“We wanted the incoming students to have a deep relationship with someone older who had experience and training, someone who could help guide them through those early weeks and that whole first year,” says Donald Outing, vice president for equity and community at Lehigh University.

Lehigh partnered with MC to develop a mentorship program for all 1,500 incoming first-year students. Email and text-message campaigns engaged students and communicated the benefits of having a mentor. Every volunteer mentor attended a live online training focused on setting expectations and understanding concepts like self-efficacy and active listening. After the matching process was complete, the online platform facilitated easy communication between students and mentors. The platform also provides access to more than forty discussion guides, as well as other relevant research-based content. Mentors can also use the platform
to alert administrators to larger challenges a student may be facing, such as academic or financial troubles, and the help desk responds within twenty-four hours.

Now, in its second year, the peer mentorship program at Lehigh boasts more than 1,110 peer mentor/student matches in the undergraduate program, a 70 percent opt-in rate. These pairs have logged more than five thousand conversations through the online platform.

“We installed the program as a key tool in bringing, and connecting, all students to the Lehigh campus,” Outing says. “We were particularly excited to see the tremendous quality of engagement between mentees and their peer mentors.”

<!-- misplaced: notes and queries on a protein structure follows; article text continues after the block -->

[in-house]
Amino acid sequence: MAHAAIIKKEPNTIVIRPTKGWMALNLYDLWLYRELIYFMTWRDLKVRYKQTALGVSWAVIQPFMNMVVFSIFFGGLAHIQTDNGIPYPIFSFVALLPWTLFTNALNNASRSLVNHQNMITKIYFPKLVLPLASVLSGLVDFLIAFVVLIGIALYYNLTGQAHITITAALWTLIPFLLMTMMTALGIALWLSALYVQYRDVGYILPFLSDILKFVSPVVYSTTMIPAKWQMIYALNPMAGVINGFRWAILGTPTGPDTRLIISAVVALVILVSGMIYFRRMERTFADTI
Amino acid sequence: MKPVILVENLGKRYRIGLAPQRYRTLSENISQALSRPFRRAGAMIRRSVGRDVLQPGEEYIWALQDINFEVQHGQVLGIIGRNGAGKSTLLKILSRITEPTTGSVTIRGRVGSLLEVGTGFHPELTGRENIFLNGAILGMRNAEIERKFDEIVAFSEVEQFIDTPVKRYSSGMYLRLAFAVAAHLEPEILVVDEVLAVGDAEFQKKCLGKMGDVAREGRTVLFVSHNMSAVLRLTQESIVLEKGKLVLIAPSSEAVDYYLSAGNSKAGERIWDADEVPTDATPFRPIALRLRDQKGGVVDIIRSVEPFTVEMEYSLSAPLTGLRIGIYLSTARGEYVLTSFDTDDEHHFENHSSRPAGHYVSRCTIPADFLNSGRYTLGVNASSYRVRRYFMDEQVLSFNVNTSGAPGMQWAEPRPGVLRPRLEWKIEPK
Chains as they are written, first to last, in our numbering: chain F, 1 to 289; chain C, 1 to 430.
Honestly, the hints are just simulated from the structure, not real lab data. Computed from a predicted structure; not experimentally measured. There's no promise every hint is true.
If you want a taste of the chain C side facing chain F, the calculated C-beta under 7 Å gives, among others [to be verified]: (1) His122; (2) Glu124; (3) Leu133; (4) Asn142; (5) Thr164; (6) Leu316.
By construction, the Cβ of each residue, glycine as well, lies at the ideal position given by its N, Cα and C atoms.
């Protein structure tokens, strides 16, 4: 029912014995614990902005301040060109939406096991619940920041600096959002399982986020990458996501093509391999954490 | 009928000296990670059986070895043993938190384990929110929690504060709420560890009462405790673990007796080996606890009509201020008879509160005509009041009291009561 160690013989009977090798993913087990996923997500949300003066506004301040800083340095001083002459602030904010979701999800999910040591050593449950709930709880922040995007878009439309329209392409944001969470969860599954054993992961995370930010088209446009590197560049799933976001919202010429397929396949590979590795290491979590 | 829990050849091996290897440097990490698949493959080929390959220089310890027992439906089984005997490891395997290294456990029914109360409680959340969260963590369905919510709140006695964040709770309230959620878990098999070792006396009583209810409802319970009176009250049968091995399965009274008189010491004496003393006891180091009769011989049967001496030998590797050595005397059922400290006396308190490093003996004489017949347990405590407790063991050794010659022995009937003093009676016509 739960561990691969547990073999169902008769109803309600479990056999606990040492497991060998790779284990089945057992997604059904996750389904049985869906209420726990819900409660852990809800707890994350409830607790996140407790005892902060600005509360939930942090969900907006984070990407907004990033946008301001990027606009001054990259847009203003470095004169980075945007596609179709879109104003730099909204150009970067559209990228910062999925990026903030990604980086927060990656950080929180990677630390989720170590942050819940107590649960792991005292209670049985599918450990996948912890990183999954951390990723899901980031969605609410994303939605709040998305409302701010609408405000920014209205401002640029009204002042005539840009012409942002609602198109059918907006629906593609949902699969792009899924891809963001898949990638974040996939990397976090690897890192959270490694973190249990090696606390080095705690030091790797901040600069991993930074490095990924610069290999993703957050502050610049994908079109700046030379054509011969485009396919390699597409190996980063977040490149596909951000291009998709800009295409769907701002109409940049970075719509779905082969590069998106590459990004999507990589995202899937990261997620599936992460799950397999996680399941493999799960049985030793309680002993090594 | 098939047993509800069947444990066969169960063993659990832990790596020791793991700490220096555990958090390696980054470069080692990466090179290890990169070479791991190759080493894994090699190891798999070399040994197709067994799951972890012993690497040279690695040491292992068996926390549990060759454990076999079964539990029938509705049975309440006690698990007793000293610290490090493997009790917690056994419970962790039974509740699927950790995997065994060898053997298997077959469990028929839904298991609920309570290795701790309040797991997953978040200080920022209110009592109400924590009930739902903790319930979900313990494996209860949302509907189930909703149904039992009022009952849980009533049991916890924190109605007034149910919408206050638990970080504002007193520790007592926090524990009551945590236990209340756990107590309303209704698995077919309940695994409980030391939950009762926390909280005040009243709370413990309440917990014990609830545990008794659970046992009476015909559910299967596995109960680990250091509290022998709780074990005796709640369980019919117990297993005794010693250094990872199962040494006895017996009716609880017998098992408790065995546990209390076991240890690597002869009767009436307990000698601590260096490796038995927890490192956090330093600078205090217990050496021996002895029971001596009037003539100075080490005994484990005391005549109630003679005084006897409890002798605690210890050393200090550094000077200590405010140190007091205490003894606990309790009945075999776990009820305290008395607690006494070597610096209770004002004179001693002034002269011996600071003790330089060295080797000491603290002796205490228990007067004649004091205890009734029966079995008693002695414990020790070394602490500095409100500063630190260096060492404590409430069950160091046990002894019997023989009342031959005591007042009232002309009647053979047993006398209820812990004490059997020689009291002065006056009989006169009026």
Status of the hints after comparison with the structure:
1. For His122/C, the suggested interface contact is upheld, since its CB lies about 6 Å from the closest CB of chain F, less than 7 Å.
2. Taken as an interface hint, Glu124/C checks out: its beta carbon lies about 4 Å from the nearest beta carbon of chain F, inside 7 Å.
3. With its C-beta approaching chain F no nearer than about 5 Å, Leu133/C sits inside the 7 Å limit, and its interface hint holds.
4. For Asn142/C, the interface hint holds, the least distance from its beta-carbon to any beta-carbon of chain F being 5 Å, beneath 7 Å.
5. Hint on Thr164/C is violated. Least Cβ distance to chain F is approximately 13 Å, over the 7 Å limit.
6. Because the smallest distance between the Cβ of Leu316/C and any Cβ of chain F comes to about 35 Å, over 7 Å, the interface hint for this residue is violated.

“It’s been really comforting to know I have someone to turn to for help and guidance for both small and big things,” says one Lehigh student.

Another student says that his mentor has been a helpful guide down the challenging path of starting college. “Having someone you can relate to,” he says, “allows for less stress and lets me plan out my steps more carefully.” 

Notes

1. Allison E. McWilliams and Lauren R. Beam, “Advising, Counseling, Coaching, Mentoring: Models of Developmental Relationships in Higher Education,” The Mentor: An Academic Advising Journal 15 (2013), https://journals.psu.edu/mentor/article/view/61280/60913.

2. “Measuring College and University Outcomes,” Gallup, accessed March 24, 2020, https://www.gallup.com/education/194264/strada-gallup-alumni-survey.aspx.

3. Michael Snowden and Tracey Hardy, “Peer Mentorship and Positive Effects on Student Mentor and Mentee Retention and Academic Success,” Widening Participation and Lifelong Learning 14 (2012): 76–92.

4. See additional research: Ellen A. Ensher, Craig Thomas, and Susan E. Murphy, “Comparison of Traditional, Step-Ahead, and Peer Mentoring on Protégés’ Support, Satisfaction, and Perceptions of Career Success: A Social Exchange Perspective,” Journal of Business and Psychology 15, no. 3 (2001), 419–43; Azman Ismail, Nor’Ain Abdullah, Norshaffika Izzaty Zaiedy, Asmuni Ab Ghani, and Najihah Omar, “Mentoring Program as an Instrument of Enhancing Mentees’ Self-Efficacy,” Acta Universitatis Danubius Communicatio 9, no. 1 (2015): 14–32.


Stephanie Krusemark is vice president of university relations and innovation at Mentor Collective. George White is professor emeritus of education and inaugural managing director of student access and success (retired) at Lehigh University.